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  1. #26
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    Reputation: GatorB's Avatar
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    I guess its where your trail is. Down here in Florida we actually bring more leaves into the trail. We layer the leaves with sand and compact to make soil. The leaves hold in moisture and keep the trail from turning into sugar sand. I lay awake in bed at night dreaming of clay based soil problems.

  2. #27
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    Quote Originally Posted by gmcttr View Post
    This post perfectly sums up my beliefs for the conditions stated.

    On our heavily used 25 mile + trail system built in a state park, most of the leaves get pushed aside by traffic and we unclog drains as required. A price is paid for continual freeze thaw cycles and the resulting "peanut butter" on the southern slopes throughout winter.

    At a nearby privately owned trail system where the traffic is low and the leaf cover stays all winter, the ground stays frozen and those in the know can ride more frequently without freeze/thaw problems.

    On my small personal trails, I intentionally re-cover any areas that lose their leaf cover and I rarely have a thaw unless it really warms up.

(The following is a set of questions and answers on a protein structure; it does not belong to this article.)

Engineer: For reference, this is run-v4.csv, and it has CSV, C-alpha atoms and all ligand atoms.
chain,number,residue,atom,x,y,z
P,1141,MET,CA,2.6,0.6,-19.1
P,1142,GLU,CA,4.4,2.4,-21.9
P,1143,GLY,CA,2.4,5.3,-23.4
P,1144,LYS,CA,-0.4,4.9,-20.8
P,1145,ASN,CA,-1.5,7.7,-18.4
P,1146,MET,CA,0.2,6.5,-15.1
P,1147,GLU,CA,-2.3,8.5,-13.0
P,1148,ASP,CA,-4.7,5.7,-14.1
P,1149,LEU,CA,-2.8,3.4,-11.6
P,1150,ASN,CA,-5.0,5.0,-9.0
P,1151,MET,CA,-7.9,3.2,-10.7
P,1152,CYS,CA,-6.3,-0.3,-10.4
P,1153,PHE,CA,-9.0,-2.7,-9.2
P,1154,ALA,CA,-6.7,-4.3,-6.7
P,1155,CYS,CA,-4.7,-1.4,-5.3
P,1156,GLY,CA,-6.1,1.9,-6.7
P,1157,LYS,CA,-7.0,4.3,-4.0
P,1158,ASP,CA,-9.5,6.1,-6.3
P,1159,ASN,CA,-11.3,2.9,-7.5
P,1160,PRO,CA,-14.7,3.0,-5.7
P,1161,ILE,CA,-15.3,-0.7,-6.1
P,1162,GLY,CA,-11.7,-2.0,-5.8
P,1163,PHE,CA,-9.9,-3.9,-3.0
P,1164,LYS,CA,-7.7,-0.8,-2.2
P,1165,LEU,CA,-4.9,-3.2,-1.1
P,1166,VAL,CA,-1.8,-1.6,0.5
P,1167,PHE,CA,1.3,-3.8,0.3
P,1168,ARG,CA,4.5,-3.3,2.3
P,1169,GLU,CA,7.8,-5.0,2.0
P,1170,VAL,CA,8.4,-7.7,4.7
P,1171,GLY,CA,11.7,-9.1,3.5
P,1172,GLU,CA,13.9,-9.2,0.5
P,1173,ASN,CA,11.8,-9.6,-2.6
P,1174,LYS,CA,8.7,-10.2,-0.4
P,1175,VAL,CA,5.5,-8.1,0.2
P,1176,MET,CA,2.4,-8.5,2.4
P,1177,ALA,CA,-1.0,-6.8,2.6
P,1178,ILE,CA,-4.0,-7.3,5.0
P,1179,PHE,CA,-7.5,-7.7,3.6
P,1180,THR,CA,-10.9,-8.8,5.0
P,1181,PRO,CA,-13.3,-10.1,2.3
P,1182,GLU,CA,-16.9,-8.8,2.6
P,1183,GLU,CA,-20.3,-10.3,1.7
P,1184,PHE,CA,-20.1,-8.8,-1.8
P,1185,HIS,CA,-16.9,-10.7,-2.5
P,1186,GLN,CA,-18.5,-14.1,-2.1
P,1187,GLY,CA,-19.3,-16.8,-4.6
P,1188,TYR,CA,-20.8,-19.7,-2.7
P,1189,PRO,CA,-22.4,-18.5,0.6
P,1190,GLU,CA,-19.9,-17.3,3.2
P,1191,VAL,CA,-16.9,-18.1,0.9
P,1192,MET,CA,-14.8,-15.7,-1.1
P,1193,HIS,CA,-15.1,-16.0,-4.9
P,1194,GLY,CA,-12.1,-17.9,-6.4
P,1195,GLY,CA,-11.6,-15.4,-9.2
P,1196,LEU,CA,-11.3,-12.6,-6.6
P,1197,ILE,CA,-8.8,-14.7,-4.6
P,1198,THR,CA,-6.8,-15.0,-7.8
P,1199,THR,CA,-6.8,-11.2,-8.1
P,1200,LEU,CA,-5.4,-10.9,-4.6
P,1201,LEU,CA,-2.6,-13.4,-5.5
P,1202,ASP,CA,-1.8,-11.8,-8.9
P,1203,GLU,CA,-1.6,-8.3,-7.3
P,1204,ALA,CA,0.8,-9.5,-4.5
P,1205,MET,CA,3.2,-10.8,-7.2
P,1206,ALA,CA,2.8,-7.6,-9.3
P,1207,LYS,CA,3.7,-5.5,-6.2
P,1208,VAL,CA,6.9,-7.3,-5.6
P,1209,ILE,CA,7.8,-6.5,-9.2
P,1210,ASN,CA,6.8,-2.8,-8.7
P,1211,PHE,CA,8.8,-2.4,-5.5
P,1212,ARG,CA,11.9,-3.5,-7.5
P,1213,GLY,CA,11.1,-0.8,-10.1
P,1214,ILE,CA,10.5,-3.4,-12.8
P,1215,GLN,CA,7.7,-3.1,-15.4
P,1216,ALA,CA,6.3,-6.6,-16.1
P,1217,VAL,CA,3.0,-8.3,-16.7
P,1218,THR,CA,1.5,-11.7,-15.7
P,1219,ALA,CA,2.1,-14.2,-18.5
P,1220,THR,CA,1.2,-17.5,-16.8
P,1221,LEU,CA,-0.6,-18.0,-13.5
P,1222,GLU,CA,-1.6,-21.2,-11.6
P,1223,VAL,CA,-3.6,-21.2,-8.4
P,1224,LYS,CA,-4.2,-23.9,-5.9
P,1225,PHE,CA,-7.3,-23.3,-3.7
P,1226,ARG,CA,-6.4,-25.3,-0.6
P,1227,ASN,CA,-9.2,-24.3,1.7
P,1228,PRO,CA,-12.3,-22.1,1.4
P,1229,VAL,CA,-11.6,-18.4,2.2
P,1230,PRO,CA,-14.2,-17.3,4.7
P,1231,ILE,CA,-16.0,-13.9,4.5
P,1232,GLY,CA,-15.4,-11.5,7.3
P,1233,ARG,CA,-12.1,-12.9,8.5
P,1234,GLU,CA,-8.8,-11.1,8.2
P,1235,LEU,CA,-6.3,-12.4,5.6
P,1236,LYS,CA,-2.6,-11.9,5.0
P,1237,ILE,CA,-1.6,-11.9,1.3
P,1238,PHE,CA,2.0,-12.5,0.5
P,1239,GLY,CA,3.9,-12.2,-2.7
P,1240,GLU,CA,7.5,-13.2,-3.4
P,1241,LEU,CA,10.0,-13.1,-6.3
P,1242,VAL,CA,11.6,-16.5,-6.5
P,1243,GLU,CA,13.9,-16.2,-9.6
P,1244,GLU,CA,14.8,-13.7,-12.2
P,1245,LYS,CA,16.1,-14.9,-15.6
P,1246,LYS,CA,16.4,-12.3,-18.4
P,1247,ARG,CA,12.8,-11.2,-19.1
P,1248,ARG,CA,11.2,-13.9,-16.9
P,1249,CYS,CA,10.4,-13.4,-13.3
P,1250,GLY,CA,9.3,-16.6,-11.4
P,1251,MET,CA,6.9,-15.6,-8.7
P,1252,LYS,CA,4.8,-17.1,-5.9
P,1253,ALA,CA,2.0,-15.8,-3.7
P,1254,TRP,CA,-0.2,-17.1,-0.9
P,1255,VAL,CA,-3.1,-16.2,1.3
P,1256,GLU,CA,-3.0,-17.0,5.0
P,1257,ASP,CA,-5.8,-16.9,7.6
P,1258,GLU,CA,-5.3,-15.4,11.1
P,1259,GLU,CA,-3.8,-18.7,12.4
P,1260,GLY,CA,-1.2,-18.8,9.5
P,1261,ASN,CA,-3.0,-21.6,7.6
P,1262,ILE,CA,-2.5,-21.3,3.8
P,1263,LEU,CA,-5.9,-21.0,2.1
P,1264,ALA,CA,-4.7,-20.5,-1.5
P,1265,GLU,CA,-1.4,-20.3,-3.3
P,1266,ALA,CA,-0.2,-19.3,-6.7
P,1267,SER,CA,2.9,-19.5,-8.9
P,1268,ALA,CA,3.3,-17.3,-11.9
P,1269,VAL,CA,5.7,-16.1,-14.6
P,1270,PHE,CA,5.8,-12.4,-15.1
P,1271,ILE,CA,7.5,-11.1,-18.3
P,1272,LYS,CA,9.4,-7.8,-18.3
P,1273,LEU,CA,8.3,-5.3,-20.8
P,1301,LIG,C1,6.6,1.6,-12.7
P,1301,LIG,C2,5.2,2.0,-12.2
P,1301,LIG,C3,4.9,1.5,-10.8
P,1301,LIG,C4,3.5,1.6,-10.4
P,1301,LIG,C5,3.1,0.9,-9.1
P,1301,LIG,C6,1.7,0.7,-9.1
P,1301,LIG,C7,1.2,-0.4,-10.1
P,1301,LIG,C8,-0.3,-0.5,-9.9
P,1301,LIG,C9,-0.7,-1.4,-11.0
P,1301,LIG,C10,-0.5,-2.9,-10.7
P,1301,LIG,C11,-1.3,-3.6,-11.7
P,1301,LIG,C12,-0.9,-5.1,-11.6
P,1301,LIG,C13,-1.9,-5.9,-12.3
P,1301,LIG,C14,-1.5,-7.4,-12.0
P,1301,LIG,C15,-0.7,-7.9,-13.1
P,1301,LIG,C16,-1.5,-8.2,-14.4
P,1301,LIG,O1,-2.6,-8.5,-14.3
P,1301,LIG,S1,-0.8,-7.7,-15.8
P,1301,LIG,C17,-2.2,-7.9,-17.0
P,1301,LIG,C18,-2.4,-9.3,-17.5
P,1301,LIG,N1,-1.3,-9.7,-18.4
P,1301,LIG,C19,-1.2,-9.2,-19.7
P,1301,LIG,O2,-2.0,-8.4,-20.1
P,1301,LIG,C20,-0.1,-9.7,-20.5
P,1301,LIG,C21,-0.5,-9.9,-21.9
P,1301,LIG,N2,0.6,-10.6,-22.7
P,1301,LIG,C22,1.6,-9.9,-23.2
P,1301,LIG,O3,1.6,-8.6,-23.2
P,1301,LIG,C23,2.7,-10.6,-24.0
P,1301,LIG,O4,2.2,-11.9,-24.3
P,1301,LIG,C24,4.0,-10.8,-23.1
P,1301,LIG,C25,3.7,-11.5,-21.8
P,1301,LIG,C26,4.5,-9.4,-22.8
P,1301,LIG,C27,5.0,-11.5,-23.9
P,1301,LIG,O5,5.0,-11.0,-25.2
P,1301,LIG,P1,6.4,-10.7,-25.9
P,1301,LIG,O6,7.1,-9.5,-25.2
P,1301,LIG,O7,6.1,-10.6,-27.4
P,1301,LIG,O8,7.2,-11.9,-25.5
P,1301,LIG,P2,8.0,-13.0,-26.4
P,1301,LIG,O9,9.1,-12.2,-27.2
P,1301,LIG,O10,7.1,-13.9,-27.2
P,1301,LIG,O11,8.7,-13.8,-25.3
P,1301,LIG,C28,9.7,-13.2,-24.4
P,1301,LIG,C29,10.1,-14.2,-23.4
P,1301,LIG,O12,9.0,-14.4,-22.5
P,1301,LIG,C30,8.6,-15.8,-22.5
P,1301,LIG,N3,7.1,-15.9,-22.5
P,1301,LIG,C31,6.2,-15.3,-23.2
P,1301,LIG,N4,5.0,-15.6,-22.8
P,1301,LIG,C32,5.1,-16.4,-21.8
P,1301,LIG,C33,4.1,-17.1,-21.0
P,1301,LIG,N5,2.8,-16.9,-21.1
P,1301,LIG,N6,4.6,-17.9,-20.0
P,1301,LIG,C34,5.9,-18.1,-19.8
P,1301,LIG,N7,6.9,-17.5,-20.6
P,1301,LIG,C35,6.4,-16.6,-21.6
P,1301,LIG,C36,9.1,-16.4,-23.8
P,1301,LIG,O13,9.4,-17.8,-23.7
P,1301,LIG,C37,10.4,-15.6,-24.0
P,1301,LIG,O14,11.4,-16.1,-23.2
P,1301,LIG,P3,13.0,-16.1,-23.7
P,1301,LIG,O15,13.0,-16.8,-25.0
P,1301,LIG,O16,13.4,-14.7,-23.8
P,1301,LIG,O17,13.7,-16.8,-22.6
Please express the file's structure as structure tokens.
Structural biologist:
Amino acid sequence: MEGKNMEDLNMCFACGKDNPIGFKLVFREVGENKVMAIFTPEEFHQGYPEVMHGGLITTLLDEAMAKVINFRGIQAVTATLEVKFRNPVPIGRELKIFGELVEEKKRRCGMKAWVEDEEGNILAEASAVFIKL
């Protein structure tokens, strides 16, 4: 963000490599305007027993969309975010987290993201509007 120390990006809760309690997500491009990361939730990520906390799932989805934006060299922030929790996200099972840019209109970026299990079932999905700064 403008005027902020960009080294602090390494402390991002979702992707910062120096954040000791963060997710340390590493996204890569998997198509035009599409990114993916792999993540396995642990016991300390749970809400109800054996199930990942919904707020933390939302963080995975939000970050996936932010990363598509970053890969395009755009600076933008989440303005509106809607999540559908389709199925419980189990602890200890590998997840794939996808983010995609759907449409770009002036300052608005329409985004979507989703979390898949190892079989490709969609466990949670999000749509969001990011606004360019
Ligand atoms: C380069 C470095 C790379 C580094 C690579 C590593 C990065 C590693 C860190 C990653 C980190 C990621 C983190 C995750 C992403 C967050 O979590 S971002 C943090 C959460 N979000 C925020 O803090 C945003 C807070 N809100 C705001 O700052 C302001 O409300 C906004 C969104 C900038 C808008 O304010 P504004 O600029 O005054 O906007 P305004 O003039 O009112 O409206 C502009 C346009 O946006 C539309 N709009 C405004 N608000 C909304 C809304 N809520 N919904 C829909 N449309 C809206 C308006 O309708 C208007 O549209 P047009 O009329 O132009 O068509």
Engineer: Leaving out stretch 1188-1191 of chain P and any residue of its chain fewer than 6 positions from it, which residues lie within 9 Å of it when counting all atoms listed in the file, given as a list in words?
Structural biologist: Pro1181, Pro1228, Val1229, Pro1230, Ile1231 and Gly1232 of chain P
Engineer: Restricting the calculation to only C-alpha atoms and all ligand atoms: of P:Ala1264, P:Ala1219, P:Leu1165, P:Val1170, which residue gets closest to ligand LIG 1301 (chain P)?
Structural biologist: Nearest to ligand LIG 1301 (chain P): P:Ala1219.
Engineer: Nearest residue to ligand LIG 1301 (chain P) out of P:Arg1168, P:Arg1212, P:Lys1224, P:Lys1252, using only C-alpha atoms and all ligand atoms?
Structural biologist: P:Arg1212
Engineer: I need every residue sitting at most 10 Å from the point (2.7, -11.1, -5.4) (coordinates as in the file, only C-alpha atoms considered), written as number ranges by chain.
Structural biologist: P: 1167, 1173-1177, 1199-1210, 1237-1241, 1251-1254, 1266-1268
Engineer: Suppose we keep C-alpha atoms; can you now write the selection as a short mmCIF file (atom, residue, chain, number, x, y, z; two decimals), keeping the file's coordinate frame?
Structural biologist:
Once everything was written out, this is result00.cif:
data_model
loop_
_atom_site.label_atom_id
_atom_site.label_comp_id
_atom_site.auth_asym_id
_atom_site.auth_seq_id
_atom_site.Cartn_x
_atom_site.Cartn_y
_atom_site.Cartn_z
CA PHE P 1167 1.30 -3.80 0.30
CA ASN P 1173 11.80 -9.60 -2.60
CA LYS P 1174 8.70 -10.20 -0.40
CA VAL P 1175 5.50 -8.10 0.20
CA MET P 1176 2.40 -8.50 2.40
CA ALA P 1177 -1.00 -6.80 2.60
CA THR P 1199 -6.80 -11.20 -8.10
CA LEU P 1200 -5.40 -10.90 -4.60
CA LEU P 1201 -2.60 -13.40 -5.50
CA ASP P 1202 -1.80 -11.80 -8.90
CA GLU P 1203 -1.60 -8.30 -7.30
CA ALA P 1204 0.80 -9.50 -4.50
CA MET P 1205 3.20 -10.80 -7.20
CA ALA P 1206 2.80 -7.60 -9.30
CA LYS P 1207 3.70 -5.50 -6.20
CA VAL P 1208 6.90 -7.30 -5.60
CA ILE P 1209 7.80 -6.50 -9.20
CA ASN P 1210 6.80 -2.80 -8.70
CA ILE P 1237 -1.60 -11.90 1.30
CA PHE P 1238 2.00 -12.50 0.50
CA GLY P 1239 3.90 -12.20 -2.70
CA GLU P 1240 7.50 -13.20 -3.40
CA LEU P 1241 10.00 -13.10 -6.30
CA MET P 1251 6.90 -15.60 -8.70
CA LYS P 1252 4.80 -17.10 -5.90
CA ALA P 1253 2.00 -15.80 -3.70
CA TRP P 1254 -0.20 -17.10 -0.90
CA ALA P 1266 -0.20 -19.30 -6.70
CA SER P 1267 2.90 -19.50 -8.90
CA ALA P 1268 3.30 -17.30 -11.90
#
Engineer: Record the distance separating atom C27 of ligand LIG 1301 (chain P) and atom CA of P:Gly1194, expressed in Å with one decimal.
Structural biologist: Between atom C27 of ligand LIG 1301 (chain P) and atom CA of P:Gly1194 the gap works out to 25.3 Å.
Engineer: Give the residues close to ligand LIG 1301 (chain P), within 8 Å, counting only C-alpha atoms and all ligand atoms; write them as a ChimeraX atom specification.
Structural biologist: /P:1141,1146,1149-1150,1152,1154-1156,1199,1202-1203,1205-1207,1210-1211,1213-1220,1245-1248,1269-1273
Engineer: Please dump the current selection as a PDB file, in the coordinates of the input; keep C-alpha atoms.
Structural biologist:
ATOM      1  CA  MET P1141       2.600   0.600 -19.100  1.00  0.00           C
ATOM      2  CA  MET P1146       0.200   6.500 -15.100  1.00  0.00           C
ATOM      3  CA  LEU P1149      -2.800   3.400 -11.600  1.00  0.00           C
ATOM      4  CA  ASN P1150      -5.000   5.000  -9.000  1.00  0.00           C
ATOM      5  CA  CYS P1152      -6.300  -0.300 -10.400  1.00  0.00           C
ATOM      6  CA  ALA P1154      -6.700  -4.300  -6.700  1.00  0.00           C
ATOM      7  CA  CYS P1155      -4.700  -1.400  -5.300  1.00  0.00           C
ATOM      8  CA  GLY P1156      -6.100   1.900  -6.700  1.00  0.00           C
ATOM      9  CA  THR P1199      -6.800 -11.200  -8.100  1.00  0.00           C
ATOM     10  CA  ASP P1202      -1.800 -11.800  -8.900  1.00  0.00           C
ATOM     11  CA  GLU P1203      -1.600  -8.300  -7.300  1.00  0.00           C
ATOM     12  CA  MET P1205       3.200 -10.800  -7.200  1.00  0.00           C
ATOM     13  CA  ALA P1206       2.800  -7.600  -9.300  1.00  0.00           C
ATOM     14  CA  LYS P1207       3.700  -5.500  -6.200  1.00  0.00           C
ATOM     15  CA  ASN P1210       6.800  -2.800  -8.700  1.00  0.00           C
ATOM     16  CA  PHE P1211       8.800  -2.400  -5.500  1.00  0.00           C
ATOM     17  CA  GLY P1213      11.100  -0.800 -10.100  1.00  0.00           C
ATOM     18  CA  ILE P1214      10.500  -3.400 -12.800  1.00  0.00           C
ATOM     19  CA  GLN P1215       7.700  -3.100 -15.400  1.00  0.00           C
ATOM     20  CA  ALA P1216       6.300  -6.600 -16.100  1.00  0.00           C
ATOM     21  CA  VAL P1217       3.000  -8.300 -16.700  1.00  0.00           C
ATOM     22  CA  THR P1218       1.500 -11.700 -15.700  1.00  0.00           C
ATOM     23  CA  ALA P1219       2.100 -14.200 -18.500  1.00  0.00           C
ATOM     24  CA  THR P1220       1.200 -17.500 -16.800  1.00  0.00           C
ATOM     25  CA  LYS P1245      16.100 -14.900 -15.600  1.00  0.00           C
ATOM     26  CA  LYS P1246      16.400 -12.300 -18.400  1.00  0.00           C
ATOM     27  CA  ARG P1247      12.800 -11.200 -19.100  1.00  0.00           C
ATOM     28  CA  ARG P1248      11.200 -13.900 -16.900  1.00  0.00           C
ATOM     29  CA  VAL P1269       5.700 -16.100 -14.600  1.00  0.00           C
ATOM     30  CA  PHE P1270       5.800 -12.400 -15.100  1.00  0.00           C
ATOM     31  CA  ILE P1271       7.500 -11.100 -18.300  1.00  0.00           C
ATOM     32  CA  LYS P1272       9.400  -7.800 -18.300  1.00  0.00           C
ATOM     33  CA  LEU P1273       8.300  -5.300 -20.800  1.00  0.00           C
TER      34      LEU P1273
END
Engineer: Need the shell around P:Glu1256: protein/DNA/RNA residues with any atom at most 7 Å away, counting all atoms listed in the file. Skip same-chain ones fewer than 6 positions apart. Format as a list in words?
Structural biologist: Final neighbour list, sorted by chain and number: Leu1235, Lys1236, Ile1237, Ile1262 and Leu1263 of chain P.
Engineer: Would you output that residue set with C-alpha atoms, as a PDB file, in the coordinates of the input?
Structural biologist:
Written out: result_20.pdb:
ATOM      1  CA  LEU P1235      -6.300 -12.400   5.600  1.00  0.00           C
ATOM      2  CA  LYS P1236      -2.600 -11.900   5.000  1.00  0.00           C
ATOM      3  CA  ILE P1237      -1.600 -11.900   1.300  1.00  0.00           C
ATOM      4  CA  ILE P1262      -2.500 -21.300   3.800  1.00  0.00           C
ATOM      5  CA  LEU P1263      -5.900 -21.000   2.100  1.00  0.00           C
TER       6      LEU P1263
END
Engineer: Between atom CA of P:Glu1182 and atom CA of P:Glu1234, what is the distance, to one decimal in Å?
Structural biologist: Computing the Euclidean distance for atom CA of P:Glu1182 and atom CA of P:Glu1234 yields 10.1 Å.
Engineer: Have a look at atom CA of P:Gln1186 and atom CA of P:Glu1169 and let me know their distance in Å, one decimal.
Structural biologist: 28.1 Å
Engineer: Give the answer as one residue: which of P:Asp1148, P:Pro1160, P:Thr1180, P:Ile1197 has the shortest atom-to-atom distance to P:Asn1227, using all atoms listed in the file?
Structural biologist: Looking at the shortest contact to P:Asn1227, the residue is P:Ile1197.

I was thinkng the same thing..Im in Ohio...and Mohican is the only hilly ride around...it gets alot of use...the state park that is...I dont think they blow the leaves but they do displace from use...and it gets thawed way more than the really fun one around the corner that only a handfull of folks even ride anymore...gotta remove alot of prickers..but never removed leaves.....and its the best riding around, year round....could be part of the reason....
    great debate though...for heavily used areas that will definately have begginers, i would think the safety and fun part would override the other reasons, especially since those folks wont know about the freeze/thaw cycles....the reast of us ride in it all, we just know where to go to ride when all the others are soft and stickey.

  3. #28
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    In the Pacific Northwest we have plenty of organic and plenty of water. I've noticed that trails void of organic material, which are built on solid mineral soil tend to fair better when it is wet. The trails that aren't down to mineral soil are the "muckiest" and tend to stay wet longer. Wet trails covered in maple leaves are very difficult to navigate. The front tire slides/hydroplanes on the leaves, and makes cornering impossible under speed. When the trails are dry in the summer there isn't much of a difference.

    Since, one trail user says that leaves protect the trail and sheet water off the trail I'm leaving a trial section with leaves. However, from what I've seen so far "proper" trail maintenance is better. I may be wrong in the long term. So, I figure it is worth testing.
    - Be Someone

  4. #29
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    Here is why not to: Fair Hill leaf blowing - YouTube
    The price for a few weeks of fast, leafless mountain bike riding in the fall is about 4 months of poor walking or riding conditions and significant trail degradation throughout the winter and early spring

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